Also in the center of downtown, The Plaza promotes itself as “The Hotel of the New Era” with a design-forward mission highlighted by a living wall of native greenery around the porte-cochere. Once inside, the uniquely stylish lobby is bathed in warm gold colors aided by recessed decorative lighting that helps expand the sense of space.

Following a comprehensive November 2010 renovation, the 400 rooms feature a sleek, urban design with comfortable dark tones that provide a boutique ambience. For planners booking events in the 21,600 sf of meeting space, you will love the birds-eye view from the 22nd floor offering a spectacular panorama of the cityscape and surrounding mountains.

On the eastern edge of the city overlooking Han River from a wooded hillside, the classic Sheraton Grande Walkerhill is ideal for groups who prefer a sense of “getting away” from the urban core. However, it’s only a 10-minute transfer to COEX. A winding road drops us at the spectacular entrance with a large curvy Mid-Century modern overhang held up by what resembles two enormous metal chopsticks.

Inside, the lobby and common areas are truly grand with stately browns and high ceilings, while many of the 589 guest rooms feature solid wood panels and sleek modern furnishings. Besides the nearly 47,000 sf of meeting space, the secluded 180-acre grounds offer several private houses ideal for VIP guests and other exclusive events.

Attached to the Sheraton Grande, the W Seoul Walkerhill is fabulously hip. The lobby and mezzanine lounge are bathed in hues of violets, pinks, reds and blues from illuminated floor or wall panels and recessed lighting. The 252 guestrooms are dazzling in floor-to-ceiling white with uber-modern pod chairs and chaise lounges. Back downstairs, we step inside W’s posh WooBar which is just cranking up for the night as one of the city’s hottest nightspots for locals and visitors. The DJ pumps out cool lounge music from his spaceship-like booth while guests sip signature cocktails along the 60-foot bar facing interactive art displays and incredible city views.

South of downtown on an island carved out of the Han River, the Yeouido business district is home to the stunning 63 Convention Center high-rise. Various group space includes a ballroom for 2,000 pax and a fantastic observation platform. A recent interior redo by the innovative Perkins + Will architecture firm is astonishing with aluminum wall grids in the atrium that hold acrylic bud vases with atmospheric lighting from behind. And this November, the district will welcome the LEED-certified, 448-room Conrad Seoul.


Like a jewel floating in Korea’s southern seas, Jeju is tropical island with a pleasant year-round climate, relaxed pace and untamed nature. The striking International Convention Center Jeju is set along the shoreline with amazing views of the sea. Besides a main theater hall for groups up to 4,300, ICC Jeju features the elegant Delizia restaurant where we enjoy Italian and Korean cuisine while watching the sunset through 40-foot high windows.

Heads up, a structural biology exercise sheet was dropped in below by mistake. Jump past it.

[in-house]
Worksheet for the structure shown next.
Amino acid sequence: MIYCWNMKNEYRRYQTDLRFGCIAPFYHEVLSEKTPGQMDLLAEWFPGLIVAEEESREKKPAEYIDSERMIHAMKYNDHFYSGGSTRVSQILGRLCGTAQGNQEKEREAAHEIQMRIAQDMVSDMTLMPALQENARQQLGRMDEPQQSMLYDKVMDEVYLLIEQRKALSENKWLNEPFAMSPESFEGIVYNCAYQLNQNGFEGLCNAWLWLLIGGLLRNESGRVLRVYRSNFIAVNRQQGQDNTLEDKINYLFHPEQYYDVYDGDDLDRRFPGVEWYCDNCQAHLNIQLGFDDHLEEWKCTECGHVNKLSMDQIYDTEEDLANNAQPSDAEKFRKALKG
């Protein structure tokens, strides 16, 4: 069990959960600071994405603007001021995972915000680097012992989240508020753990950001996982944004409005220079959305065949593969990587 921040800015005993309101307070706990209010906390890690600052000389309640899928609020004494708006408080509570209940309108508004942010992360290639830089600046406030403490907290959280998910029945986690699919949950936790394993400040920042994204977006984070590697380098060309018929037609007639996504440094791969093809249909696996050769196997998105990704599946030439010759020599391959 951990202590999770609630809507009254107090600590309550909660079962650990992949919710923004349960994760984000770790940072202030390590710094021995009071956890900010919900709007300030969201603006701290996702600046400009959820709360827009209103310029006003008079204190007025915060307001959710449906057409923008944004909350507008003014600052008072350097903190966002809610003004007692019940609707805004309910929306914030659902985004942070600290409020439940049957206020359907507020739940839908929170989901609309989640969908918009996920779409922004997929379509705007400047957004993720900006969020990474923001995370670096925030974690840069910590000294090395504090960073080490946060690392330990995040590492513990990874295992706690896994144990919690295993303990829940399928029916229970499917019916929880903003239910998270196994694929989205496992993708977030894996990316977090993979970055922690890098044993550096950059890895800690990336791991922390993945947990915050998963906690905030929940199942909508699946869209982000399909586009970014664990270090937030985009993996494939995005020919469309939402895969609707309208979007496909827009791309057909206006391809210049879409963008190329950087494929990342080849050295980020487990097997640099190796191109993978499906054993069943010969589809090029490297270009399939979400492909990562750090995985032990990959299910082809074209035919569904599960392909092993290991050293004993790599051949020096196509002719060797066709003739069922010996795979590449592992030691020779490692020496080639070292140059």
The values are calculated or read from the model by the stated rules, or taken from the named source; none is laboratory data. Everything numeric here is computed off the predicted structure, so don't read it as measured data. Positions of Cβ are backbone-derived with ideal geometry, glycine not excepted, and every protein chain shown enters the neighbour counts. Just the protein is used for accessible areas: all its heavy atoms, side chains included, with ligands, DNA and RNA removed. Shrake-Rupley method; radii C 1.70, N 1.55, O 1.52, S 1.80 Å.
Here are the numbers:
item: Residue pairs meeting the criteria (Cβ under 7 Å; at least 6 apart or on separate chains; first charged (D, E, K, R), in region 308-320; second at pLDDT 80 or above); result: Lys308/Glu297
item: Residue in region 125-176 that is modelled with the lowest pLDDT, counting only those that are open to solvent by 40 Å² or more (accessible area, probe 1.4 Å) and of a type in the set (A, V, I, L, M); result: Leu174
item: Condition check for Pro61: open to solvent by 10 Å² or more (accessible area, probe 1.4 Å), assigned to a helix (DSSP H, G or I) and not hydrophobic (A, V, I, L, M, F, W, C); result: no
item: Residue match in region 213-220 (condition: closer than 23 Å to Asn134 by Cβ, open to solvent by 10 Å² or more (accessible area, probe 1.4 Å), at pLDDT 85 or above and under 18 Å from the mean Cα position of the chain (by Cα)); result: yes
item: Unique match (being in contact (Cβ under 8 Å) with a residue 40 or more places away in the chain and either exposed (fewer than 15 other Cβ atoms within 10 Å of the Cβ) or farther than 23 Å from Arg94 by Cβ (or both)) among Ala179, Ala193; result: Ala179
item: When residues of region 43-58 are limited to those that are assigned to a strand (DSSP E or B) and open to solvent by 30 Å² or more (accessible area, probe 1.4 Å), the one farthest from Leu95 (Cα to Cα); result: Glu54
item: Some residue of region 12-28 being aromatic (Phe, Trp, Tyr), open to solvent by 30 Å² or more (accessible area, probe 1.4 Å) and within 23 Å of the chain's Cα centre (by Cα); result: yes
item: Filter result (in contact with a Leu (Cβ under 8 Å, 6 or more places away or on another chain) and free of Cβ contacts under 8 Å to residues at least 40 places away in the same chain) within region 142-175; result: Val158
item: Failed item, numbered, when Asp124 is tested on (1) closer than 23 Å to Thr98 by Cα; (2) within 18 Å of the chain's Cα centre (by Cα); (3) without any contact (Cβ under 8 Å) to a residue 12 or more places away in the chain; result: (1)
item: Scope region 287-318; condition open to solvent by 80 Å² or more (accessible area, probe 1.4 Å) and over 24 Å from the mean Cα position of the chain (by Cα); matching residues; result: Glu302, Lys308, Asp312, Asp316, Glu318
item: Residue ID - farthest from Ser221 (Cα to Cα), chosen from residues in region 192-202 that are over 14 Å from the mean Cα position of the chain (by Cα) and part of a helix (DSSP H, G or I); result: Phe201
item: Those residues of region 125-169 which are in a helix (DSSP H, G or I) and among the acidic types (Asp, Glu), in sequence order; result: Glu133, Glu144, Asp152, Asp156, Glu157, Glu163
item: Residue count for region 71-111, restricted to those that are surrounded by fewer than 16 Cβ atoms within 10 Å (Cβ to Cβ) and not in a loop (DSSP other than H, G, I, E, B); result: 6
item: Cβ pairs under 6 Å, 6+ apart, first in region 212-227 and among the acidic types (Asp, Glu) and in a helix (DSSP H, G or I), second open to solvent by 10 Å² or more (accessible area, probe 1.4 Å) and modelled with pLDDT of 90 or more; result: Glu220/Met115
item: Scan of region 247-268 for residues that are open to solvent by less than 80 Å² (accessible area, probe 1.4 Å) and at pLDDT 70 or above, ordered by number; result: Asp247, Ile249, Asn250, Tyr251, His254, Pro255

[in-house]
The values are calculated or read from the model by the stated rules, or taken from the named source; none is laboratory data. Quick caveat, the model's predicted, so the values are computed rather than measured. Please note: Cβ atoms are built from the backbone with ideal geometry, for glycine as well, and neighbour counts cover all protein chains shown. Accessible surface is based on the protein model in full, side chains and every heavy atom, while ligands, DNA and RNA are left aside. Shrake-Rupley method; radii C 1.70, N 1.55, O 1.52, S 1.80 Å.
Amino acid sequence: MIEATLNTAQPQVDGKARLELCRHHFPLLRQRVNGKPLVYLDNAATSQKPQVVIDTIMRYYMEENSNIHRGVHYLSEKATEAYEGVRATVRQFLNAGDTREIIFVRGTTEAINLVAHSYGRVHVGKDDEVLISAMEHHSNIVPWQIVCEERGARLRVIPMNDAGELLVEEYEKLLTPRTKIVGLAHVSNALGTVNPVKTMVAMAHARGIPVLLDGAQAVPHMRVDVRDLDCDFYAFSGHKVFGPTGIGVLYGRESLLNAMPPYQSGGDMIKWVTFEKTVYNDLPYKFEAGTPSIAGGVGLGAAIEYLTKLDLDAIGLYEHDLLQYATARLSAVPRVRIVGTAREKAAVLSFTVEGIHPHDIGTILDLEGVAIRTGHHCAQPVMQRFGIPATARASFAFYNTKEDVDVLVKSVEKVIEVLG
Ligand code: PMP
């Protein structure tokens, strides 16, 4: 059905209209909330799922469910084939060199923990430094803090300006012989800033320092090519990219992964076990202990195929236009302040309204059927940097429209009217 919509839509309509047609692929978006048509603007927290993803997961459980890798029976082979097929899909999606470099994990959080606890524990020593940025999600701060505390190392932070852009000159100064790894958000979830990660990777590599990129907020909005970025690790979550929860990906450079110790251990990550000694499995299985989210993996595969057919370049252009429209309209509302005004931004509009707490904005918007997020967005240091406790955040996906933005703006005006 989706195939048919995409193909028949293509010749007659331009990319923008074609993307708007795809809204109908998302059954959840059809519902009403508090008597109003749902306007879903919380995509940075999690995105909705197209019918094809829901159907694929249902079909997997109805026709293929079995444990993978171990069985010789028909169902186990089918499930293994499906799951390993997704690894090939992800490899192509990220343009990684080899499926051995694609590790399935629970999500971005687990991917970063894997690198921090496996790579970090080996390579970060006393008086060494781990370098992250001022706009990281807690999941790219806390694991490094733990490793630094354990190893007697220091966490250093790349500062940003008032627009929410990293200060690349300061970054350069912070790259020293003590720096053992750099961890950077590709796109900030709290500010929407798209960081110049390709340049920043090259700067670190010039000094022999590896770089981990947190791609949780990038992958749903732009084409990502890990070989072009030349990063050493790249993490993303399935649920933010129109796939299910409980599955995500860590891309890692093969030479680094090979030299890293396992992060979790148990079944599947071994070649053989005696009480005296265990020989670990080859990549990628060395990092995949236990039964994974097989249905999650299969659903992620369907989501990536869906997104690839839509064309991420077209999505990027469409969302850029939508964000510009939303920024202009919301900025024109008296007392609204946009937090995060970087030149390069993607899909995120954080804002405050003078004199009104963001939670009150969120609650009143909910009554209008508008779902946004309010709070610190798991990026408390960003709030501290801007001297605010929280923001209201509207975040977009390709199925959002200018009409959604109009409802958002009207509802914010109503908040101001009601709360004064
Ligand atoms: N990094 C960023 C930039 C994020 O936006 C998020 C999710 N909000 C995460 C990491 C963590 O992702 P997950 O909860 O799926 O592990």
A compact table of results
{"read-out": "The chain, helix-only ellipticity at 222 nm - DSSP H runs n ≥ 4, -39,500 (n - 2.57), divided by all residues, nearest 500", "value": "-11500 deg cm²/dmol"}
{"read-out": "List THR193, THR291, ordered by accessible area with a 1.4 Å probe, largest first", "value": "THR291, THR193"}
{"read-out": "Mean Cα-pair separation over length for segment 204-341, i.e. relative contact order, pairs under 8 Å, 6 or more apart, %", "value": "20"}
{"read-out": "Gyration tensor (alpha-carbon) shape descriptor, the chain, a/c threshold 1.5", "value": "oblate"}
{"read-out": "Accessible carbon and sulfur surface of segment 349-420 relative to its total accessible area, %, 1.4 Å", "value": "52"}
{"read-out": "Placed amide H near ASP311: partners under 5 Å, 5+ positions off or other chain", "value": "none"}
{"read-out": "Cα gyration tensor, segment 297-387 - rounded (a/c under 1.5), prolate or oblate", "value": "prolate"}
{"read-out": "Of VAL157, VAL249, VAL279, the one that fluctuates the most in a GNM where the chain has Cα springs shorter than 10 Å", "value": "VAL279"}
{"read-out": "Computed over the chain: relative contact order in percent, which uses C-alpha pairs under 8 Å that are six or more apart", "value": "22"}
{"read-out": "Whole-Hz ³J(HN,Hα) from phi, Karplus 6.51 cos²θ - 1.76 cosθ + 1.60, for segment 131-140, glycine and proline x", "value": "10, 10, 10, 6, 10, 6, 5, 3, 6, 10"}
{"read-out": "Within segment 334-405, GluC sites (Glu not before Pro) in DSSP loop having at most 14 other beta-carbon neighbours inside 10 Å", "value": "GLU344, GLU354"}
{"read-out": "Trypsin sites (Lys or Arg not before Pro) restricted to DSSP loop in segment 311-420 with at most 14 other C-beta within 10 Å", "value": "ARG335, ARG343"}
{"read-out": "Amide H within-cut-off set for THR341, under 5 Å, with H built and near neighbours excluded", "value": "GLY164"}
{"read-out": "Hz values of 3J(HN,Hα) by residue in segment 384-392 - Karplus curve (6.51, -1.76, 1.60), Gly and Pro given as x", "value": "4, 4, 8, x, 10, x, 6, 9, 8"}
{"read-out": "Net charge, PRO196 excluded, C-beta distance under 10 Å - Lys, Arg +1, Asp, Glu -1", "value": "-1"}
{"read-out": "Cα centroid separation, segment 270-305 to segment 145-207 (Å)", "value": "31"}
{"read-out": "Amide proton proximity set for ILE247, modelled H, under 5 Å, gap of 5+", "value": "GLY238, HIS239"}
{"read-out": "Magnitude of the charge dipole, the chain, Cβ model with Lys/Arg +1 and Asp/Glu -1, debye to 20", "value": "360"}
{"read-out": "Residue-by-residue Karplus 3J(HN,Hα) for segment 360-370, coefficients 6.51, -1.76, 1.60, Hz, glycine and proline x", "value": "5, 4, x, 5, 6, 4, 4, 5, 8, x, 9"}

“The island is quite beautiful and one gets a totally different impression of Korea if one compares it with Seoul,” says Barbara Hickernell, CAE, executive director of Engineering Conferences International, who recently held a conference for 285 international attendees on Jeju. “There is so much green and so much open land. For a research conference, it is almost ideal as it is relaxing to be interacting with colleagues while looking at the sea.”

Besides sailing and fishing cruises, and even submarine tours, Jeju offers a range of nature-friendly attractions for groups. We stroll the lush grounds of Spirited Gardens, a quiet and relaxing contrast to Seoul with only the sounds of water tippling into a koi pond. The garden features carefully tended bonsai trees and stone statues à la Easter Island, as well as an area designated exclusively for events.

After a short drive, we tour Jeju Folk Village Museum for a fascinating look at the Island’s not-so-distant past. The village features over 100 traditional houses and rustic buildings, with interiors recreated down to the last loom and dirt floor. We’re able to view inside each building, including a school for Confucianism.

Secluded in a forest of landscaping, Seaes Hotel & Resort features 30 rooms and seaside event space for over 2,000 within walking distance to ICC Jeju. The property has a laid-back island charm with bungalow-style meeting and living quarters and state-of-the-art sound systems. You meander down a leafy path to your room, attached to one other unit, and relax in a private garden mostly hidden by palms. The grounds include an elaborate koi pond and an outside dining deck overlooking the water.

A short stroll along the bluff, the 492-room Shilla Jeju was the first 5-star hotel to be built on the island, in 1990. Like a classic French Riviera resort, the elegant Mediterranean style hotel includes grand staircases and colonnades with pastel hues of coral and rose throughout. All rooms and suites feature French doors that open onto wide balconies and sea views. The property offers 33,000 sf of meeting space and sprawling lawns for outdoor events, including luxe poolside cabanas and even a glamping village complete with tent-side barbeques.

Straight out of a James Bond movie, the dramatic 223-room Hyatt Regency Jeju is perched on a wooded bluff with stunning water views. The rooms are crisp, clean and light with large floor-to-ceiling windows. The wide and sunny atrium has a very tropical feel with a pond, garden and café in the center. But most of the action is outside at the terrace restaurant, rolling lawn space (61,000 sf), poolside café and helipad. Total indoor meeting space is 7,000 sf.